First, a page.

August 3, 2020


The National Industrial Court, sitting in the Abuja Judicial Division has ruled in Maroof Giwa (“the Claimant”) v. ARM Pension Managers (“ARM”) & National Pensions Commission that the 25% lump sum payment to retirees over 50 years of age by Pension Fund Administrators is unlawful based on the provision of Section 7 of the Pension Reform Act 2014 (PRA).

The Claimant had requested for 50% of the total sum of his retirement savings from ARM, the request of which the latter rejected and insisted on a maximum withdrawal of 25% of total savings and relied on Section 7(2) of the PRA. In its defense, ARM averred that allowing a 50% withdrawal will open the floodgates thereby permitting other holders of Retirement Savings Accounts (RSAs) to demand varying percentages of their savings outside the provisions of the law.

The Court in its ruling disagreed with both ARM and National Pensions Commission and ruled that the restriction imposed under Section 7(2) does not apply to a retiree who is above 50 years of age.

Our Comments

The provision of the law is clear with regards to withdrawal from an RSA. Section 7(2) which provides for the 25% threshold applies only to employees who voluntarily retire, disengage, or are disengaged from employment. On the other hand, retirees who do not fall under the aforementioned categories, or persons who have attained 50 years of age (which is latter), are allowed by the provisions of Section 7(1) to withdraw a lump sum from the total amount credited to their RSAs. The only condition attached is that the amount left after such withdrawal must be sufficient to cover further programmed fund withdrawals or payments for life.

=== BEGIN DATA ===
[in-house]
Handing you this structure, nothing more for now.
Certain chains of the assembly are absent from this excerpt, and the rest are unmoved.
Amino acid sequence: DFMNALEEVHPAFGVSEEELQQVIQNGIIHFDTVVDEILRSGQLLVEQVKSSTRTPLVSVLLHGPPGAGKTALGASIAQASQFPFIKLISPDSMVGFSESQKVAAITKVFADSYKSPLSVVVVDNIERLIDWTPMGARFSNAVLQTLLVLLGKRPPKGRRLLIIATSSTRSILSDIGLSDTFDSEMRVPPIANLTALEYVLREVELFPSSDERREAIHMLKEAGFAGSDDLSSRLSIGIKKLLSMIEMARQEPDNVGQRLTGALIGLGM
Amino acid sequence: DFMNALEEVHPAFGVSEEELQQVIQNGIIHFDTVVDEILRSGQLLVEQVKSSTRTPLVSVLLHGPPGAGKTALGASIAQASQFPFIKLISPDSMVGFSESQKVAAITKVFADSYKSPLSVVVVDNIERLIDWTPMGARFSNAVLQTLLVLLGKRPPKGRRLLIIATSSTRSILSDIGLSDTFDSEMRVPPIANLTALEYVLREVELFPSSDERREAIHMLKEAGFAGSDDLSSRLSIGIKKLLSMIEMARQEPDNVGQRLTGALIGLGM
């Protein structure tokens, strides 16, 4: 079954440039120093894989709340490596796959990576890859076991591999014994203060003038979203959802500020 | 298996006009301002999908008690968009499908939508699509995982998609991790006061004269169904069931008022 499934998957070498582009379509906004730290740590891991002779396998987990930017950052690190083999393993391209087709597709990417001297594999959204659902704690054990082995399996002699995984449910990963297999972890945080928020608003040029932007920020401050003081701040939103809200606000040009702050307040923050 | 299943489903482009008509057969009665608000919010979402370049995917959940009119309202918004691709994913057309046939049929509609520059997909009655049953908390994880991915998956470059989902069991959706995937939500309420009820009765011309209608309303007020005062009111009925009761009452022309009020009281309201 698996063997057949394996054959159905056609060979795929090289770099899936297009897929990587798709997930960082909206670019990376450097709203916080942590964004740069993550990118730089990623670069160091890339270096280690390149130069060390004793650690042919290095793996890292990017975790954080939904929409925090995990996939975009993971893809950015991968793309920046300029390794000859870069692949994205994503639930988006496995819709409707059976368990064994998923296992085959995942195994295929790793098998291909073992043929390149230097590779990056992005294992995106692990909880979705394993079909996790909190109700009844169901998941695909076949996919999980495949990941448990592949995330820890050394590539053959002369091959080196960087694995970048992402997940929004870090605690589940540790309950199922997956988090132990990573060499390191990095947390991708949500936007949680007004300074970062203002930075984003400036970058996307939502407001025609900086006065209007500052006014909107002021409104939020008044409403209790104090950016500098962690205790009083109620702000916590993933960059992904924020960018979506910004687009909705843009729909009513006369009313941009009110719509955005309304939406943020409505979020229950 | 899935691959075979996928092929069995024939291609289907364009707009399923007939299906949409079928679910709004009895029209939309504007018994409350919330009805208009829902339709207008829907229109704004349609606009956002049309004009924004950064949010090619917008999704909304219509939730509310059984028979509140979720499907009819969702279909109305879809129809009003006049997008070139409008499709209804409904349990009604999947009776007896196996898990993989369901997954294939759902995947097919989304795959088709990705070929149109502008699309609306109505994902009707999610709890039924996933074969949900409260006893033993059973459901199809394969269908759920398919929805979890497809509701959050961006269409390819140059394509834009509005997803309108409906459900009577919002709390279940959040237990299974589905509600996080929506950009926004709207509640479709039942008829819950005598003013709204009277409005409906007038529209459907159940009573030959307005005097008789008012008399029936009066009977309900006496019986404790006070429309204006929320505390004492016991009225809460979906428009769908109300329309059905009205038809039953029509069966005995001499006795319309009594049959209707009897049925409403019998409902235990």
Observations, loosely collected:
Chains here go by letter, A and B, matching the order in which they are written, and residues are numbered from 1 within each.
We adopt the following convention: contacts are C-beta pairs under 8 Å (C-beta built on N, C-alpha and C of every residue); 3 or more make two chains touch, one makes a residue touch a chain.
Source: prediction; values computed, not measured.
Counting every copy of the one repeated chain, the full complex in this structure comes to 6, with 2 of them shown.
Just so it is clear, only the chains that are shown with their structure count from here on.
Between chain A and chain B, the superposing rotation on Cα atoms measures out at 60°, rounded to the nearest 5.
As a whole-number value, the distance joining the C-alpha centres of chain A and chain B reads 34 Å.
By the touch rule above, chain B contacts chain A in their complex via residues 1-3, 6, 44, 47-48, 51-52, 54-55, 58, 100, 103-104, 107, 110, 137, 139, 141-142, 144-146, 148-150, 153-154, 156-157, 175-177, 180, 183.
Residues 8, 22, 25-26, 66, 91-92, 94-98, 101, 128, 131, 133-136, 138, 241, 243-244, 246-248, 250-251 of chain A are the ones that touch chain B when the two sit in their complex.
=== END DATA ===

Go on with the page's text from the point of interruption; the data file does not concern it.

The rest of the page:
Similarly, Section 7(1)(b) provides that withdrawals may be programmed to be made periodically and calculated on the basis of an expected life span. The report of the WHO which puts the life expectancy of the Nigerian male person at 54.7 years buttresses the provisions of the PRA which allows a person over 50 years old access to withdrawal without restriction.

Thus, we align with the decision of the Honourable Court in the instant case as the claimant does not fall under the scope purposed by Section 7(2) of the PRA. It is expected that the practice of capping withdrawals from RSAs at 25% will now be challenged on the strength of this decision. Save for voluntary retirement and disengagement from employment, retirees may withdraw sums in excess of 25% of the total sum, subject to the laid down conditions.